The Creative Environment P.2: Designing For Innovation

16 10 2007


Creative environments and how to build them has fascinated me for some time. A good primer is a Squidoo Lens built by Russell Davies on Creative Spaces.






How cool are these workspaces. Good luck getting your manager to pony up for a slide in the office. However, there are three primary components to building a creative environment.

1. Redefining the environment:

Building spaces like those in the pictures ab0ve redefines the environment. An office is a place where we are trained to put our heads down and hammer away at TPS reports. However, these environments challenge that preconception and make workspaces into embodiments of innovative thinking and also prove to the employees that the company is committed to forward thinking and pushing them to reach their creative potential. This is probably the easiest aspect of creative spaces to change. Kill the cubicle. Have open unconstrained spaces, sprinkle some cool rugs, pastel sofas, and quirky lighting around and your good to go.

2. The Bump Factor:

The bump factor is a number calculated by how many opportunities you have of bumping into co-workers in a given work day. It’s about facilitating random encounters with a wide range of people and building spaces where people can congregate. It’s about freeing communication and working collaboratively. Think about the path from your nook to the toilet. Imagine if you simply walk down a dark corridor, do you business, and walk back to your desk. Now imagine an orientation where you were forced to walk through the digital team, the creative director’s desk, and the intern from Dallas. You are creating more opportunities for spontaneous innovation through the sharing of ideas. This is a hot topic today in the architectural world and for further reading check out a series of articles in Metropolis Magazine. In addition, this week’s BusinessWeek has a couple great articles too, on Offices 2.0.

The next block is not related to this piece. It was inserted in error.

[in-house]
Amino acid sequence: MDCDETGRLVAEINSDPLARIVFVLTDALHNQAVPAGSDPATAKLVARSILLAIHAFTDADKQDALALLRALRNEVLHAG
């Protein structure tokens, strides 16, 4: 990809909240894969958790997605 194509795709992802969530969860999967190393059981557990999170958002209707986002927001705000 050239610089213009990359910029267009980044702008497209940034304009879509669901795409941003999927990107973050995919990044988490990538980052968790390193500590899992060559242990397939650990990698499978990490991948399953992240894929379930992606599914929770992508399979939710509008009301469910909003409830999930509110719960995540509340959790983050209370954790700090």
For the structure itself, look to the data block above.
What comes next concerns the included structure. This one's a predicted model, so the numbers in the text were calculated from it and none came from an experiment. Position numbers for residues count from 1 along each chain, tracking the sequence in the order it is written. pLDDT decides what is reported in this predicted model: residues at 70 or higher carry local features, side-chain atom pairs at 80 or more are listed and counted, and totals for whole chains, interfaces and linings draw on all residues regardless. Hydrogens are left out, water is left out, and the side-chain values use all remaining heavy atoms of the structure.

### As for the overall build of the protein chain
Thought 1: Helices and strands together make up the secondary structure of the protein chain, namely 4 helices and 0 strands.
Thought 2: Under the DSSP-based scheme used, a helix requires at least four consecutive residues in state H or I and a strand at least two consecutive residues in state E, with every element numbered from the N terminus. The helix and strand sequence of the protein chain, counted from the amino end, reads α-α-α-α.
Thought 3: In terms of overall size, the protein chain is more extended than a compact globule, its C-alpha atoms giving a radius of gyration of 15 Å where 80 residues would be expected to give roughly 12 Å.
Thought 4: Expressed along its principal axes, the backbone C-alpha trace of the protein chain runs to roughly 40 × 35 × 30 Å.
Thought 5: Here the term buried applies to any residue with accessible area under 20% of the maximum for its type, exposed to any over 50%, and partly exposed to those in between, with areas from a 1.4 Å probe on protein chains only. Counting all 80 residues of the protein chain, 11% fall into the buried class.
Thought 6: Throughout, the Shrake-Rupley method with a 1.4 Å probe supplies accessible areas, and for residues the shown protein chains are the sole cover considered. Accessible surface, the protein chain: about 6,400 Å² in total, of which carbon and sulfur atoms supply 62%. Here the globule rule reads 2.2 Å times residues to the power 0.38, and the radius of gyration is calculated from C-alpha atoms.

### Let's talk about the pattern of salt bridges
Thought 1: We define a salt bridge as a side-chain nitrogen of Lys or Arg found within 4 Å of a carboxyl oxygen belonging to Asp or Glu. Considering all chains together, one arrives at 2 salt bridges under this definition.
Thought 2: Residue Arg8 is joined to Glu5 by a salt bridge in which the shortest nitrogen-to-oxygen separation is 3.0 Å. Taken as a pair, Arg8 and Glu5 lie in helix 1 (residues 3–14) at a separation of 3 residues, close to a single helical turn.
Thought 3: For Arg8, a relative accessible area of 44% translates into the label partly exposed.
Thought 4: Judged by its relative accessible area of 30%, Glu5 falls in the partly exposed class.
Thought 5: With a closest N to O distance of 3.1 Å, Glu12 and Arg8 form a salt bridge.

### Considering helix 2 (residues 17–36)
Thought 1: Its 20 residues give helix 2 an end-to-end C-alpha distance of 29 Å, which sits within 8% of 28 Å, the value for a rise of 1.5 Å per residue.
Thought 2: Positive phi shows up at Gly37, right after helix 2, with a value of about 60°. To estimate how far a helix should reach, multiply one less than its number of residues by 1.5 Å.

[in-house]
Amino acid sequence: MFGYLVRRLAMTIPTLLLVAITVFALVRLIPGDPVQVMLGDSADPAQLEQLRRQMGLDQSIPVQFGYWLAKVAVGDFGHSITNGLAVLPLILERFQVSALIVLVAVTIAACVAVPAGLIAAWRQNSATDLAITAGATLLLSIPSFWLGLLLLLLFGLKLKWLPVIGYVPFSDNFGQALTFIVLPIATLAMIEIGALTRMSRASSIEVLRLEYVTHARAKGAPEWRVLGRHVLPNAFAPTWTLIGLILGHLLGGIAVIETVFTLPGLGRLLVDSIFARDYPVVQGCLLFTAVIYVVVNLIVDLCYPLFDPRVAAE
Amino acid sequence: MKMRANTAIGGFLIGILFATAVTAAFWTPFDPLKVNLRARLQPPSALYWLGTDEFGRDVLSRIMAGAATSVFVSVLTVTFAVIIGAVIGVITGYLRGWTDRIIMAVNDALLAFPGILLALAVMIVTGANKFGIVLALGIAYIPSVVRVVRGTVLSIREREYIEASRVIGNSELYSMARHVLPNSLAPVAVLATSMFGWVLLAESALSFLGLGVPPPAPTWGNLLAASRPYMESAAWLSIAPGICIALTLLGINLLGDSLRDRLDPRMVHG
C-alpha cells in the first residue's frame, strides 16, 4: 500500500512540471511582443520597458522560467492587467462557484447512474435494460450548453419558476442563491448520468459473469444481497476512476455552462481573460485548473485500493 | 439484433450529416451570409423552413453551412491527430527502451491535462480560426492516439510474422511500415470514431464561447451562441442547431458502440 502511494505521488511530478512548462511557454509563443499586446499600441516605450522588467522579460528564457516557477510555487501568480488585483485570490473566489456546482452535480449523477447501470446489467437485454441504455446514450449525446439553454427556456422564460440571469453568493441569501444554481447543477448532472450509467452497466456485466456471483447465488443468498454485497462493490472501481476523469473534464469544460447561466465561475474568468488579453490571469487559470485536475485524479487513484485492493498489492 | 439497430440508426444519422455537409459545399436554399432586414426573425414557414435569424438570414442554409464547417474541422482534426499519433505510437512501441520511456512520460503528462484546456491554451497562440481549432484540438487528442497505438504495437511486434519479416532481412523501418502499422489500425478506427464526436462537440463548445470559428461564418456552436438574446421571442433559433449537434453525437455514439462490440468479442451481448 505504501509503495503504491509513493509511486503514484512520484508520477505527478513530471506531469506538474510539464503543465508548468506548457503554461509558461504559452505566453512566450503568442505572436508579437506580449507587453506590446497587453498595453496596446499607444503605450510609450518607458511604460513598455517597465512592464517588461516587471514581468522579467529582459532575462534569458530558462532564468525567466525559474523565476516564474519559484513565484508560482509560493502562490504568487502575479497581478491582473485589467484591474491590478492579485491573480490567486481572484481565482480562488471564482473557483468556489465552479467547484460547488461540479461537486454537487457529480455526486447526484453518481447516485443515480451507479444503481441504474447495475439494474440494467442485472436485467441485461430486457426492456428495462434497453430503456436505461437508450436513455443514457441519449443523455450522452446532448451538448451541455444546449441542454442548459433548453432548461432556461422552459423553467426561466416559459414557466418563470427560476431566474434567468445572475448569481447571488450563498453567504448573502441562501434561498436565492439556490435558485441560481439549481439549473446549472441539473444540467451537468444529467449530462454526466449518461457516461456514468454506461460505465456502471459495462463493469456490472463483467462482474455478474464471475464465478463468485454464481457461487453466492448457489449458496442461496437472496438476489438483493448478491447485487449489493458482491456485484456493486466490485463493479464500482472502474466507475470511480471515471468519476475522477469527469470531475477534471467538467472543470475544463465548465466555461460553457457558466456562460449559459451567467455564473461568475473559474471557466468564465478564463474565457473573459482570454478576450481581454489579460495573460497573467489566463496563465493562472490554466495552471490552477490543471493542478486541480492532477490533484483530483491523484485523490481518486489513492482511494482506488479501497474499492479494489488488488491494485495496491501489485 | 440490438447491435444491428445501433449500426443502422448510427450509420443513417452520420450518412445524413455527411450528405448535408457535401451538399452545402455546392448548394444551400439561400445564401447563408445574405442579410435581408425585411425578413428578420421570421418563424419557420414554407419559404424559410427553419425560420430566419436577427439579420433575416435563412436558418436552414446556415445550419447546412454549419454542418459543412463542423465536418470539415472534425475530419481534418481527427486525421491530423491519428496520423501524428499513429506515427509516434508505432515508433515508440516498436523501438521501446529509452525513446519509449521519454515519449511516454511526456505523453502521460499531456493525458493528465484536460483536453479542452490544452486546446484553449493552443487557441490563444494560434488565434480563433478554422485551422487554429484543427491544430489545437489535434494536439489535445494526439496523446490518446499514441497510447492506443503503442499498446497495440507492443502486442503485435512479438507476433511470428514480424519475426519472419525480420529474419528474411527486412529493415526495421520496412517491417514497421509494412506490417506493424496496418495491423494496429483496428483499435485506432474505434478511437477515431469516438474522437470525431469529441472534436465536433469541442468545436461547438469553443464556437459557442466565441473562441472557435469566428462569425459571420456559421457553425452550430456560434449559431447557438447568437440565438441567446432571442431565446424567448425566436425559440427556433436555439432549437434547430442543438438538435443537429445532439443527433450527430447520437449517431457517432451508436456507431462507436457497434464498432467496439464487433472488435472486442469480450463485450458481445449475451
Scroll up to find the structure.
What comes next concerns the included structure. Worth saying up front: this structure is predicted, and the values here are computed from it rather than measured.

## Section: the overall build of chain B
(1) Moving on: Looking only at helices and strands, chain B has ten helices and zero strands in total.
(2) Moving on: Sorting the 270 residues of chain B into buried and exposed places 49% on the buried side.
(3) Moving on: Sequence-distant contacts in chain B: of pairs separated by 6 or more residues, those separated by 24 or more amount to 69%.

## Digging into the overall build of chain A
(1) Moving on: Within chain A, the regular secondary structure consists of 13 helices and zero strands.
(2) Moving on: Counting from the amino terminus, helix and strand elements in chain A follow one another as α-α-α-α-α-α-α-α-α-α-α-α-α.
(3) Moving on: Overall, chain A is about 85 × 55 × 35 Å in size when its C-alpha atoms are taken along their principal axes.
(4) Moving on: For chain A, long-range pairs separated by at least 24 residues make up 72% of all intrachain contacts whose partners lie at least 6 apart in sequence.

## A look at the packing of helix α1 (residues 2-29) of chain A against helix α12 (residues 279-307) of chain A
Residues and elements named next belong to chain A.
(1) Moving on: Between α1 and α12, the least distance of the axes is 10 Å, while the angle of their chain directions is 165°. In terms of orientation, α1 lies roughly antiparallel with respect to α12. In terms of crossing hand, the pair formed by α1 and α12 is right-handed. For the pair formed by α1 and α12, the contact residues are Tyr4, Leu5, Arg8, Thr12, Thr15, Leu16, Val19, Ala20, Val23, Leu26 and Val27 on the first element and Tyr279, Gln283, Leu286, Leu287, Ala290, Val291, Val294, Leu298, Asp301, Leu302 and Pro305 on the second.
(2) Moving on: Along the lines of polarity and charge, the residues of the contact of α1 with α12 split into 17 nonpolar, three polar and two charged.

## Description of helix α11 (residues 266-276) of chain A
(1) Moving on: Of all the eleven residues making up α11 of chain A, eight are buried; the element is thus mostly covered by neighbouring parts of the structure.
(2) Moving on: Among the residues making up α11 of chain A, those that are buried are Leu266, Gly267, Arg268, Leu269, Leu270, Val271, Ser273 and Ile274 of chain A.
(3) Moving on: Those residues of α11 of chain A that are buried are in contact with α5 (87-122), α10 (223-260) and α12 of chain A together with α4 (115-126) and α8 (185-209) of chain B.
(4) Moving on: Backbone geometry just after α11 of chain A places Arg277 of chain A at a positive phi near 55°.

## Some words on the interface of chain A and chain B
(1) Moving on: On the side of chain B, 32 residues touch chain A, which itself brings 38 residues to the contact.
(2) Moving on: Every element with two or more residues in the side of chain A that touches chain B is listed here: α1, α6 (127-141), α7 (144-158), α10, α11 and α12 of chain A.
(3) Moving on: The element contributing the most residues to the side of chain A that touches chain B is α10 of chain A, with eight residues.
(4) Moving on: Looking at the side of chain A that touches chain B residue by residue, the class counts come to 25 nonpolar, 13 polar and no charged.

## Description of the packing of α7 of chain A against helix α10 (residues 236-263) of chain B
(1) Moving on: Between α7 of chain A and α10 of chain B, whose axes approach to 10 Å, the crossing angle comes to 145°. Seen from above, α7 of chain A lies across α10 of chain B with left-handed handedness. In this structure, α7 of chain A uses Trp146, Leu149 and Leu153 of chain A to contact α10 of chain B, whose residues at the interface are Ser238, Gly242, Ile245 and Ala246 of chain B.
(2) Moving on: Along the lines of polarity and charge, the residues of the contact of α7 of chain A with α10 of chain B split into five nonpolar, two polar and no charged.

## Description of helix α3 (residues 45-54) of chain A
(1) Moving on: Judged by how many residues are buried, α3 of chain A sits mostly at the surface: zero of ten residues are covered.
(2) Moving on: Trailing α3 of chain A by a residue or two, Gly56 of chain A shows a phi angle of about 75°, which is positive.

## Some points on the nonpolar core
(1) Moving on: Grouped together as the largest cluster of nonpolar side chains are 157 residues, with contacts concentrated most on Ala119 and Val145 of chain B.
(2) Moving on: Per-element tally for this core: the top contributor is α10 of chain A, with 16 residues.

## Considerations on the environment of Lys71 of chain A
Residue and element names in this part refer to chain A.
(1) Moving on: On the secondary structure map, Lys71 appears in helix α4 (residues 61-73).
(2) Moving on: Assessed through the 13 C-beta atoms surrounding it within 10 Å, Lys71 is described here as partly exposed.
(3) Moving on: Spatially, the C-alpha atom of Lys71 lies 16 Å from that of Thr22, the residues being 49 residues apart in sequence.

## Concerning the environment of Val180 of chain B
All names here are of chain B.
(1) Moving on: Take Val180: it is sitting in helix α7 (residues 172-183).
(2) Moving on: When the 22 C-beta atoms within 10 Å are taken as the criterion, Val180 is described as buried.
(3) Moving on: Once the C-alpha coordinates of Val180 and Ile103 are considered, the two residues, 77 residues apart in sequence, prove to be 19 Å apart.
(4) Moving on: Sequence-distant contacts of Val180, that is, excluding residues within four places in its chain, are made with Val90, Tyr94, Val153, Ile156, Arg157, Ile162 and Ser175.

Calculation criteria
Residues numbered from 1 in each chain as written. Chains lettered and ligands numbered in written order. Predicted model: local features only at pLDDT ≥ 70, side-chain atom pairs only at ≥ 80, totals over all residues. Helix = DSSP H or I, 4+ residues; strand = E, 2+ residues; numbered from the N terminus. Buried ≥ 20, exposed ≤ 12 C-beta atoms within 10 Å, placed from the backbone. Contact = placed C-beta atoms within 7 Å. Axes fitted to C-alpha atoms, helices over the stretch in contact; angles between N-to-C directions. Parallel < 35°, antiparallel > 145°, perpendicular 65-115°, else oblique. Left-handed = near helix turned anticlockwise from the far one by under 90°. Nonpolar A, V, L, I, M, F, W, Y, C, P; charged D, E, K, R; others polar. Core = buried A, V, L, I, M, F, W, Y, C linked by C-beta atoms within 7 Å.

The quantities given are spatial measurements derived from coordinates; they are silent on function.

3. Visualizing Ideas:

The last component of a creative space is building areas where people can visualize and share ideas. For example the first picture in the series above is an egg shaped room where the walls are one big white board. Create areas where people can display ideas in a way where they can be collaboratively manipulated. Once your idea is out there let others mess with it and mash it up with other ideas. Building these types of spaces into the bump factor floor plan makes for a powerful combination.

Try to be more conscious of how you operate in different environments and optimize a creative space for yourself.

Finally, building creative spaces always impresses the clients, which is never a bad thing.






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